The Central Bank of Kenya (CBK) has reopened two long-term bonds aiming to raise 50 billion shillings from fixed income investors.
The government’s tax agent is offering a 15-year security, which was first sold in April at an average interest rate of 13.94%.
A 10-year paper, which was auctioned in May at an average interest rate of 13.49%, is also on offer.
The securities are on sale until September 13, the closing date of the auction period. The bond reopening comes at a time when fixed income investors have demanded higher rates in response to rising inflation, forcing the CBK to reject some of the more aggressive offers.
The 15-year paper raised 27.6 billion shillings in the April auction, falling short of the 30 billion shilling target.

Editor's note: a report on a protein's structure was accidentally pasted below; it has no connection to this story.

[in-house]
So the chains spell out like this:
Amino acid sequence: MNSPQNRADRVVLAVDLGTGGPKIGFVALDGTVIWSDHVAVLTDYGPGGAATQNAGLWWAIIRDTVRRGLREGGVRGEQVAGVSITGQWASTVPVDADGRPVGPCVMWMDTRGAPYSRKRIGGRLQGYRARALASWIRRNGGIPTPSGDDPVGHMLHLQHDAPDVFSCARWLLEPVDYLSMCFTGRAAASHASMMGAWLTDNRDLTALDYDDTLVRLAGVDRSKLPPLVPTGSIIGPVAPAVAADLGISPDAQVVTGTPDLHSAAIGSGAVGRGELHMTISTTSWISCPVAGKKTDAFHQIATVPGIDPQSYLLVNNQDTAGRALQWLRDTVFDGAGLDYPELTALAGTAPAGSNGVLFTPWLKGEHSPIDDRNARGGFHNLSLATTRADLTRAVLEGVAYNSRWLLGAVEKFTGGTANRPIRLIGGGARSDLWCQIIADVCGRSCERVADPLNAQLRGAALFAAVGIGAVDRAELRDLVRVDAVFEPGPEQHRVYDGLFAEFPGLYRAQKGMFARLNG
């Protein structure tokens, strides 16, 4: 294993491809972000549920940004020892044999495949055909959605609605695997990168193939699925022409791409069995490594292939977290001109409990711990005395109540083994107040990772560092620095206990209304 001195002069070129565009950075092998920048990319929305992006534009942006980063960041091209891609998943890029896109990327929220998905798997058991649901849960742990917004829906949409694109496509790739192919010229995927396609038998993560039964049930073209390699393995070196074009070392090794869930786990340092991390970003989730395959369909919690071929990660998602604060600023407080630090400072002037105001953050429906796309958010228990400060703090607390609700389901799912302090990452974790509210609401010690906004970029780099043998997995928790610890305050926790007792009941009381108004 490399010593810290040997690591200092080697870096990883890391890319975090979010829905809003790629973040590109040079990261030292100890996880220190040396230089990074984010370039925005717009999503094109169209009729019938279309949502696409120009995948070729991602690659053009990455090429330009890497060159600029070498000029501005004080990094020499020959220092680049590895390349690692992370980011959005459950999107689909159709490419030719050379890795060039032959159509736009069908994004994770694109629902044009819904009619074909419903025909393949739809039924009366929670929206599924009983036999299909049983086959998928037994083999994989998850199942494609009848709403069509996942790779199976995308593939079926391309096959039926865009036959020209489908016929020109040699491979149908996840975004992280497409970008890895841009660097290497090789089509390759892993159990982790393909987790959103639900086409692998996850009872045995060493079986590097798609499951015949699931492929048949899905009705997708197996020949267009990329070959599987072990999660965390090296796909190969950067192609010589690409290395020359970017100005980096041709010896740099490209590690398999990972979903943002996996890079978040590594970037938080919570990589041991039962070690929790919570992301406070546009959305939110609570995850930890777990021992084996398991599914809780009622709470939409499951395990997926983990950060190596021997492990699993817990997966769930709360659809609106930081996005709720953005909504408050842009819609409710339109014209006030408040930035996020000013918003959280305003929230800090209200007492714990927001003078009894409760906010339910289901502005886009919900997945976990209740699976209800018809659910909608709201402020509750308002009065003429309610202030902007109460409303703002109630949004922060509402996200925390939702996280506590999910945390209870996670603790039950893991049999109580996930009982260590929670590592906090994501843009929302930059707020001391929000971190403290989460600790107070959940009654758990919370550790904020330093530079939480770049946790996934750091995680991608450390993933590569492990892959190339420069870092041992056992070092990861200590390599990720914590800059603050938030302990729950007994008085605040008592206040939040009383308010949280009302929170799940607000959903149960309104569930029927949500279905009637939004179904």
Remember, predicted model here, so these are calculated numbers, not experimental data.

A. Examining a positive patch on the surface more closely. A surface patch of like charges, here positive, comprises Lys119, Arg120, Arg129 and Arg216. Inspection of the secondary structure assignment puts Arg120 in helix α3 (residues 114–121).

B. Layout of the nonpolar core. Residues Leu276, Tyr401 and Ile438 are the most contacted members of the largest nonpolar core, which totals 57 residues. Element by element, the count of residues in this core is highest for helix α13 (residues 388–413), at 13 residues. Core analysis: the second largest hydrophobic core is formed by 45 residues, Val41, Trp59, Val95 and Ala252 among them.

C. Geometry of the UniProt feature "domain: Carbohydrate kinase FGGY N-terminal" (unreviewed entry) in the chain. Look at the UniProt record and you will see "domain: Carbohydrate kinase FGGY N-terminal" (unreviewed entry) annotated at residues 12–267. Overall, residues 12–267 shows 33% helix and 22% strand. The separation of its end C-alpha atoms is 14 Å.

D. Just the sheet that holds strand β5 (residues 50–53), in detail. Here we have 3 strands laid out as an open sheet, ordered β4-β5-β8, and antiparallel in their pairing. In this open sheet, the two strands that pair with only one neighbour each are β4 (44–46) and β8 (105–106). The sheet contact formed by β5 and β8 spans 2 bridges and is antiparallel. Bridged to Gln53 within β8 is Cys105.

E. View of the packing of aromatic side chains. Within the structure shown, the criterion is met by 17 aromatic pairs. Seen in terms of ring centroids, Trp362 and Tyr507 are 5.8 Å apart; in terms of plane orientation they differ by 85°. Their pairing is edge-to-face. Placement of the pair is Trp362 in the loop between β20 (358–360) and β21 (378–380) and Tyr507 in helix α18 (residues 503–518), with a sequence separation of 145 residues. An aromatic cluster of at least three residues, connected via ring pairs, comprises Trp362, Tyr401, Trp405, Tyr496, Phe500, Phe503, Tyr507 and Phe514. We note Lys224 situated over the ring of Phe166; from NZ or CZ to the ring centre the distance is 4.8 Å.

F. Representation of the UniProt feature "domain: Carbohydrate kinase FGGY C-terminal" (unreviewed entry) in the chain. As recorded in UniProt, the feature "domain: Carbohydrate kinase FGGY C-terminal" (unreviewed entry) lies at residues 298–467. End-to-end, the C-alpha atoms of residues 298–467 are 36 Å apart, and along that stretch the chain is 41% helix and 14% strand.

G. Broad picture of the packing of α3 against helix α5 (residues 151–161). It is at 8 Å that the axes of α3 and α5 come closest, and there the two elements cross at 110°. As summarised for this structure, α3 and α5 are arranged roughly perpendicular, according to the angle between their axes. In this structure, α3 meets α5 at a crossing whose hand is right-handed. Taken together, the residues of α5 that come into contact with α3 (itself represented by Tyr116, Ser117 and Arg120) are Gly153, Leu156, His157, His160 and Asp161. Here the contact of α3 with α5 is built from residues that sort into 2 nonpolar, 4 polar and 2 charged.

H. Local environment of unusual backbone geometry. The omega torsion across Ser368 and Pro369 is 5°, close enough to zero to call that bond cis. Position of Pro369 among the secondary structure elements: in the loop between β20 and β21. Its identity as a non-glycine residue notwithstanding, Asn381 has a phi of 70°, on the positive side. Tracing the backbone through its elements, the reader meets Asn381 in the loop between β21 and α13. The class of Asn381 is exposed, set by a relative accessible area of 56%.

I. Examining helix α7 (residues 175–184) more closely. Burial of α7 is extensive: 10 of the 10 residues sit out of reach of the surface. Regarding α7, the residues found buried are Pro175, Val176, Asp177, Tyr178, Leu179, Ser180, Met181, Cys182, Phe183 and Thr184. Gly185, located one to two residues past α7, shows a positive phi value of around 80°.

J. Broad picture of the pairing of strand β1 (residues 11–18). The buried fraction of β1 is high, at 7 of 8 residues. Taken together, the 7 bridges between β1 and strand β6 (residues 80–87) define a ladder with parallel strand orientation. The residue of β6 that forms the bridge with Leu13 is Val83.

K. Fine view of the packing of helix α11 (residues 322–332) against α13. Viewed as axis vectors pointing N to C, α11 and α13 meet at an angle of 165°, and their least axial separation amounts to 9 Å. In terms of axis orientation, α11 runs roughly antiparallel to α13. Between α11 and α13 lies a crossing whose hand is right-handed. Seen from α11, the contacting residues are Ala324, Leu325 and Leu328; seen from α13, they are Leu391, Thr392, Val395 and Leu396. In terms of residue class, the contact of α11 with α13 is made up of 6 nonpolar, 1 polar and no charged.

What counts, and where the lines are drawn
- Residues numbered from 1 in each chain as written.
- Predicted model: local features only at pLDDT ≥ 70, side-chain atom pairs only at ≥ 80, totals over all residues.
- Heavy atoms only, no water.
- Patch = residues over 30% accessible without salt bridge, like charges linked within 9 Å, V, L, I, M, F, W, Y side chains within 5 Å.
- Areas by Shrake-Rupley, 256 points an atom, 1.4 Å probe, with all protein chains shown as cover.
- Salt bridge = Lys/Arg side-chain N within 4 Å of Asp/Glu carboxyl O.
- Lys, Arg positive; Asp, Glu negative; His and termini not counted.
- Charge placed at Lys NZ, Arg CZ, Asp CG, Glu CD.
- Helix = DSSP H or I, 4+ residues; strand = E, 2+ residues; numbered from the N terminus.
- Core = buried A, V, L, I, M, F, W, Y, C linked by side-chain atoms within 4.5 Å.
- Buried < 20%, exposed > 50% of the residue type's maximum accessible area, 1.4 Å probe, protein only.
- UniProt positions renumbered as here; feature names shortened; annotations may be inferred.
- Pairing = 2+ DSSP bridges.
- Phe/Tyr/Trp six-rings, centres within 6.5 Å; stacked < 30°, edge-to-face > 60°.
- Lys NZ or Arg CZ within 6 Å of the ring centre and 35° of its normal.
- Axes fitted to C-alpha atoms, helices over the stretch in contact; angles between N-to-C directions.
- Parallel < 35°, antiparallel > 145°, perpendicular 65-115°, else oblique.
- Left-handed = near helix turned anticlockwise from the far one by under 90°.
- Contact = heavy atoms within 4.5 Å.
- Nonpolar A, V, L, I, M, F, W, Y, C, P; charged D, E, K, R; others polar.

The bond had received offers of 32.5 billion shillings on the security, with the CBK rejecting 4.9 billion shillings of the amounts offered. The 13.94% coupon on paper is the most lucrative among outstanding 15-year bonds in terms of the interest rate fixed in the primary market.
The reopened 10-year bond raised 28.6 billion shillings in May, after receiving bids worth 32.8 billion shillings. The CBK rejected 4.2 billion shillings of the amounts that investors were willing to invest in the newspaper.
Major investors in Treasuries pushed for higher rates amid rising inflation and a weakening shilling against major global currencies.
Institutional investors led by banks, pension funds and insurers usually state the interest they want to receive, while most retail investors usually settle for the market average.
Analysts say rising inflation around the world has prompted investors to seek higher rates in their fixed income portfolios.
“The current high global and local inflation is driving investors to seek better real returns by placing aggressive bids to offset rising inflation,” AIB AXYS Africa analyst Solomon Kariuki said in a recent note. market information.